Political science is the academic discipline which “seeks to systematically describe, analyse and explain the operations of government institutions-and-overtly political-organisations; plus-all-those social-activities and interactions which help determine binding allocations or decisions by legitimate sources of authority; and in addition the values, views of human nature and prescriptive theories which inform debates about such institutions, decisions and allocations.”
This focuses on the state as the central concept summing up the organisation of government institutions. Theories about the state also sum up how government as a whole relates to the rest of society (to ‘civil society’). Older themes in liberal political theory additionally focus on the relationships between government and individual citizens. The broad remit of political science has another consequence: there is no single dominant body of thought in the discipline, nor even a consensus about how to use key concepts. There are different theories of the state, which contest with each other, not least about the meaning of central concepts such as ‘the state’.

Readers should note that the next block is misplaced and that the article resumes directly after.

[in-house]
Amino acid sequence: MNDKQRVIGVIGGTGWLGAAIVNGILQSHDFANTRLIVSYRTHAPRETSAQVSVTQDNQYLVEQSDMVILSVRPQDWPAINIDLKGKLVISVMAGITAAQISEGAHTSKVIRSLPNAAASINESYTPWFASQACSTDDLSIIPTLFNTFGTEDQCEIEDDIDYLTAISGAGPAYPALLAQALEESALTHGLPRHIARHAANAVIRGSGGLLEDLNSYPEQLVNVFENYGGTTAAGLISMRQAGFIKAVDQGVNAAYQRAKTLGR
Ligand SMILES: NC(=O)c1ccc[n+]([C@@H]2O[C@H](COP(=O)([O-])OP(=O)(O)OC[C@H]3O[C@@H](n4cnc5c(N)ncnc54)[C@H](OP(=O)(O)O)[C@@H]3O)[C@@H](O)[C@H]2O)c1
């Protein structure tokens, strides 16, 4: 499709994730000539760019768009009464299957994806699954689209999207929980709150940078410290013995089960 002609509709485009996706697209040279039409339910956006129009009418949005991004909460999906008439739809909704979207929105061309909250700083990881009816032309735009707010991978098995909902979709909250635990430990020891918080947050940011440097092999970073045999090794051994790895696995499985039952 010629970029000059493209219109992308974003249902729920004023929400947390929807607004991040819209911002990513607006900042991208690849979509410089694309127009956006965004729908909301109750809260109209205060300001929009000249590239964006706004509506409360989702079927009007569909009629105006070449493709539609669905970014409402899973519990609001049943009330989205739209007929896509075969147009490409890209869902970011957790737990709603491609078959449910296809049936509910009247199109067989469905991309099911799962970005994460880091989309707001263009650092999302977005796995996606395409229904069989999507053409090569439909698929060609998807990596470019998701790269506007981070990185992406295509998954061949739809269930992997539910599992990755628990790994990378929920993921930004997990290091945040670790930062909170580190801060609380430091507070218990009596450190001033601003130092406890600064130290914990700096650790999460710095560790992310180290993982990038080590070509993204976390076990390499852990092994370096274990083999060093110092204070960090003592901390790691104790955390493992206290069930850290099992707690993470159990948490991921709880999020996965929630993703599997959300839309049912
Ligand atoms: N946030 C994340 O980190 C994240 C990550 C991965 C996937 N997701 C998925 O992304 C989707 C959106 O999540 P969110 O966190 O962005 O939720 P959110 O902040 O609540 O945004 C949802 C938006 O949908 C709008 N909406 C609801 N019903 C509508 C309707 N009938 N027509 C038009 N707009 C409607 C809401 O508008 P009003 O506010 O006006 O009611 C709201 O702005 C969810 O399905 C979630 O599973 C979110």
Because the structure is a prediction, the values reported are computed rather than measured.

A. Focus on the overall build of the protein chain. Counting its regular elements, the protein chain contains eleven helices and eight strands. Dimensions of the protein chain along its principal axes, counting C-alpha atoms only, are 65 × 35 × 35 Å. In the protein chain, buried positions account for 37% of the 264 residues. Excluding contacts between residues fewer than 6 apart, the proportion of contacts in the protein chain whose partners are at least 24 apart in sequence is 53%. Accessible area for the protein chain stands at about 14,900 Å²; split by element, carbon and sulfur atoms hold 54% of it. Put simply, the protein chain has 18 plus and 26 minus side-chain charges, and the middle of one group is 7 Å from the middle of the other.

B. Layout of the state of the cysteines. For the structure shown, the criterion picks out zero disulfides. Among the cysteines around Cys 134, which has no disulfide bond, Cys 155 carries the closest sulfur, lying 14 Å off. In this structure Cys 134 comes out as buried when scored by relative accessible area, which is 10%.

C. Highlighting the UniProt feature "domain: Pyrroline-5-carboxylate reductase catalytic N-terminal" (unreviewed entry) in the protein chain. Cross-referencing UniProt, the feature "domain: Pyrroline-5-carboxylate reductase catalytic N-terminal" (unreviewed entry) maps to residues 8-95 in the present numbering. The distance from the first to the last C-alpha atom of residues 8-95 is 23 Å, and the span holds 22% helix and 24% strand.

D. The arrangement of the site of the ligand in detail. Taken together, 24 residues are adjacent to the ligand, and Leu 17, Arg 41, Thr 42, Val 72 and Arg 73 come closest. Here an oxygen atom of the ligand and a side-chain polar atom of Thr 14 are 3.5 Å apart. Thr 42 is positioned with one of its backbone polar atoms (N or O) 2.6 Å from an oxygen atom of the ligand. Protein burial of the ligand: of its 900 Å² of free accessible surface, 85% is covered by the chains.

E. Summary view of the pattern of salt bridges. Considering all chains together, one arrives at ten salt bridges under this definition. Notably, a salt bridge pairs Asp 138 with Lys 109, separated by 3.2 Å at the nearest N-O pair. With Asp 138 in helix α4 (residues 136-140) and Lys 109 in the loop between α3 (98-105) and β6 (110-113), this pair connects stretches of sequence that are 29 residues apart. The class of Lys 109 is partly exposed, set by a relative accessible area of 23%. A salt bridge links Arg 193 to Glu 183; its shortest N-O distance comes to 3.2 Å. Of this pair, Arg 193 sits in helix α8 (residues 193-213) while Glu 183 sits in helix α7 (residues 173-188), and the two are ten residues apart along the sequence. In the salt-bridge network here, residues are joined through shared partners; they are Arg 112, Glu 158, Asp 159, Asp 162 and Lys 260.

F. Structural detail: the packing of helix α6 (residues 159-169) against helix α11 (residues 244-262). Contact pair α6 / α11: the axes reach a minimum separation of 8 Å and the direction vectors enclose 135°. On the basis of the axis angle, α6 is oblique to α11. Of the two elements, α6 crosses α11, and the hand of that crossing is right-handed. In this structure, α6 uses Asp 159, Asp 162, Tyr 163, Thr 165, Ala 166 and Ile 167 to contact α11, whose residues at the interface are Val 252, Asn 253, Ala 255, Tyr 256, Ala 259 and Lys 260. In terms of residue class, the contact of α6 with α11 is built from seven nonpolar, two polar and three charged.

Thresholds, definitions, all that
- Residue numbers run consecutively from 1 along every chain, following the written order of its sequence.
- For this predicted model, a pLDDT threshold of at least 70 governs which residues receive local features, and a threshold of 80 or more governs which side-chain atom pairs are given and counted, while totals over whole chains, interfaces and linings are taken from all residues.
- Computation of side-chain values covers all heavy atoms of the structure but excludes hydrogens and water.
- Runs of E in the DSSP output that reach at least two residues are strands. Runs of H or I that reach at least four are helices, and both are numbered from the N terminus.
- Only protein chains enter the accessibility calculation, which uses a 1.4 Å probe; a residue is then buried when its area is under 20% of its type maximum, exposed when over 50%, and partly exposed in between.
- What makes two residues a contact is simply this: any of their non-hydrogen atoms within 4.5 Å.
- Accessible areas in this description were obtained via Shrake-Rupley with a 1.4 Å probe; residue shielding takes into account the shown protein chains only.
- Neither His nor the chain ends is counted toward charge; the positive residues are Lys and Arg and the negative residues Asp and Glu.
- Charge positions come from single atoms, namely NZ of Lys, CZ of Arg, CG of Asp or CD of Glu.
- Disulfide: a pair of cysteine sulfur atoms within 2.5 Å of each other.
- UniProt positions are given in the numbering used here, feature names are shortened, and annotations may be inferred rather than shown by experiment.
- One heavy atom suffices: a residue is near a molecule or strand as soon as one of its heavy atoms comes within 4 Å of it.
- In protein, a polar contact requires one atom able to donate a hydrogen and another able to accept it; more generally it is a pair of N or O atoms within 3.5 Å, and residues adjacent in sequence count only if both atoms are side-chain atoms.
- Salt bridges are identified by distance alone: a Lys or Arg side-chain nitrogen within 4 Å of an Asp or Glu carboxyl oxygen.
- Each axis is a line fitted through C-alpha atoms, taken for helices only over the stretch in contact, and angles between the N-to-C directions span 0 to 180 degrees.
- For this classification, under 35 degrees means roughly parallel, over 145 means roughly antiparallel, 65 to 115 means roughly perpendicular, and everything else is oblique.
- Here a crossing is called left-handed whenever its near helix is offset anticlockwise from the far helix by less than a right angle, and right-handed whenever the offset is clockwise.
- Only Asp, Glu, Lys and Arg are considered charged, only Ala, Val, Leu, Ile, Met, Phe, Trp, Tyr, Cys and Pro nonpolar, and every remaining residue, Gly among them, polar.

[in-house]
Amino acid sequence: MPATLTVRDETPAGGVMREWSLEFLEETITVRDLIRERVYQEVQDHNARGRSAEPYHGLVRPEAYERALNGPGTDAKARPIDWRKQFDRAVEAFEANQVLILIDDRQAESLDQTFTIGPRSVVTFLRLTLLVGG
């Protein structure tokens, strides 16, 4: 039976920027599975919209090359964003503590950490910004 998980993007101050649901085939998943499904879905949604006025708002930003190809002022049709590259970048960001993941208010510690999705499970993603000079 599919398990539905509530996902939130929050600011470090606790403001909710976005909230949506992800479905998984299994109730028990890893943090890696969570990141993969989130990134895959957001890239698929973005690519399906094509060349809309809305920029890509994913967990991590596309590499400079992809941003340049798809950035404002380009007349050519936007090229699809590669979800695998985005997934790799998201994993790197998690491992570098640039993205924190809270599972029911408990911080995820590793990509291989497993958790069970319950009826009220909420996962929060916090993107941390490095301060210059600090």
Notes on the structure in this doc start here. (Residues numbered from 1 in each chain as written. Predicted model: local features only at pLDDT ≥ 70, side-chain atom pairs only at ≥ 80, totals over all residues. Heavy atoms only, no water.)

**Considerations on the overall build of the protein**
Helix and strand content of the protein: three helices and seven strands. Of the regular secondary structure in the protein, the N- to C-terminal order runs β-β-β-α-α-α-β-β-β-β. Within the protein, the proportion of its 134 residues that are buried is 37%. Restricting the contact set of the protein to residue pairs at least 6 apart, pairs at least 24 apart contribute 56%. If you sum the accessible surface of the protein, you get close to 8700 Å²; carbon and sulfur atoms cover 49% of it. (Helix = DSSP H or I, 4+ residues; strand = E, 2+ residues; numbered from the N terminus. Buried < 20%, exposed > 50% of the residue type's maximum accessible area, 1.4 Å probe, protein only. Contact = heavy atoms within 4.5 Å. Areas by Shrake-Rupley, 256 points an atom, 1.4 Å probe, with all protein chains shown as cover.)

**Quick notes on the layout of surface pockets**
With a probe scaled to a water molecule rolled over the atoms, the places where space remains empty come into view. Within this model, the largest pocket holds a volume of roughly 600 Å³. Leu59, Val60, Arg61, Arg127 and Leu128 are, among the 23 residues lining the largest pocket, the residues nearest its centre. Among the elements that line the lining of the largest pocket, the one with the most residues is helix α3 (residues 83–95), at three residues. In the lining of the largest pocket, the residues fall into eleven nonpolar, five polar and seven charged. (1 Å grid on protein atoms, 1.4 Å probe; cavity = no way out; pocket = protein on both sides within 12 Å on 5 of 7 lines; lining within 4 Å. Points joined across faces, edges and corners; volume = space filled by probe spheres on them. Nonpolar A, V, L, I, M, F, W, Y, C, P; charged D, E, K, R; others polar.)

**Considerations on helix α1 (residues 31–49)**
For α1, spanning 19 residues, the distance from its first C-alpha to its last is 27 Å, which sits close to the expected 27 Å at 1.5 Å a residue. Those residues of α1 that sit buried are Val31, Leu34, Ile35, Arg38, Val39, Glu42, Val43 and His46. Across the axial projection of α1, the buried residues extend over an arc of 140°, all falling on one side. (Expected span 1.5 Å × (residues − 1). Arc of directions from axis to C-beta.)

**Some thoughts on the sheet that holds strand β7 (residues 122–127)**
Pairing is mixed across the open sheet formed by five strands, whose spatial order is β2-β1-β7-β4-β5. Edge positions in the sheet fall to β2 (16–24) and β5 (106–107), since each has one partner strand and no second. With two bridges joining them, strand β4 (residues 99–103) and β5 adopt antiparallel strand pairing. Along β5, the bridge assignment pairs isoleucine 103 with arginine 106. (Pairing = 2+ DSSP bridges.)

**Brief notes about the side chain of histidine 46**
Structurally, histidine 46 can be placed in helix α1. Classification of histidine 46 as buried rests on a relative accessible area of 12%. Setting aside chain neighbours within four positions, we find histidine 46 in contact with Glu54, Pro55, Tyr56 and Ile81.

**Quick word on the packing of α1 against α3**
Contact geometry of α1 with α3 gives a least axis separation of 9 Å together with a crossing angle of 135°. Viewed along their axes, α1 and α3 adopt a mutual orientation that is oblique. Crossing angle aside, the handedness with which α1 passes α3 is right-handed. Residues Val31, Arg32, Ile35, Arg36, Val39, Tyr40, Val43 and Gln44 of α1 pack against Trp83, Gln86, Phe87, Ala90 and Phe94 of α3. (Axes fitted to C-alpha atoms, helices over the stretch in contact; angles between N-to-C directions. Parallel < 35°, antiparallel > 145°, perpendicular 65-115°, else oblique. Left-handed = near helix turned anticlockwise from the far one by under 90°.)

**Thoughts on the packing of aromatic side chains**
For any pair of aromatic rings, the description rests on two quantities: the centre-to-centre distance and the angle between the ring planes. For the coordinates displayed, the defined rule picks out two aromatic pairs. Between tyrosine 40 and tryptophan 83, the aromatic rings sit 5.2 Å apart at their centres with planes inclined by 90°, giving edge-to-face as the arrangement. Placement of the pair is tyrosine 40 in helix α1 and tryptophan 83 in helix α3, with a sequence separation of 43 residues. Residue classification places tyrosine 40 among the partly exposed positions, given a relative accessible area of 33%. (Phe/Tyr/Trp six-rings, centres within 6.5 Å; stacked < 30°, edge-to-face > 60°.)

Effective arguments in political science are those which both advance our understanding and which move theory debates along as well. In all your own work you need to take seriously the need to compare views and interpretations and to develop a way of writing which explains why you feel that one view should be preferred to other possible explanations. This approach is called ‘relational. argument’ — it expresses the advantages (and limits) of one approach in relation to other viewpoints.
This does not mean that you should treat each view as equivalent, saying ‘it all depends how you see it’ and relapsing into the belief that one view is as good as any other. It means only that, if you find one view very convincing and you want to argue for its overall superiority, you should not do so dogmatically but comparatively, showing in what ways your favoured view works better and acknowledging its main problems and areas of weakness.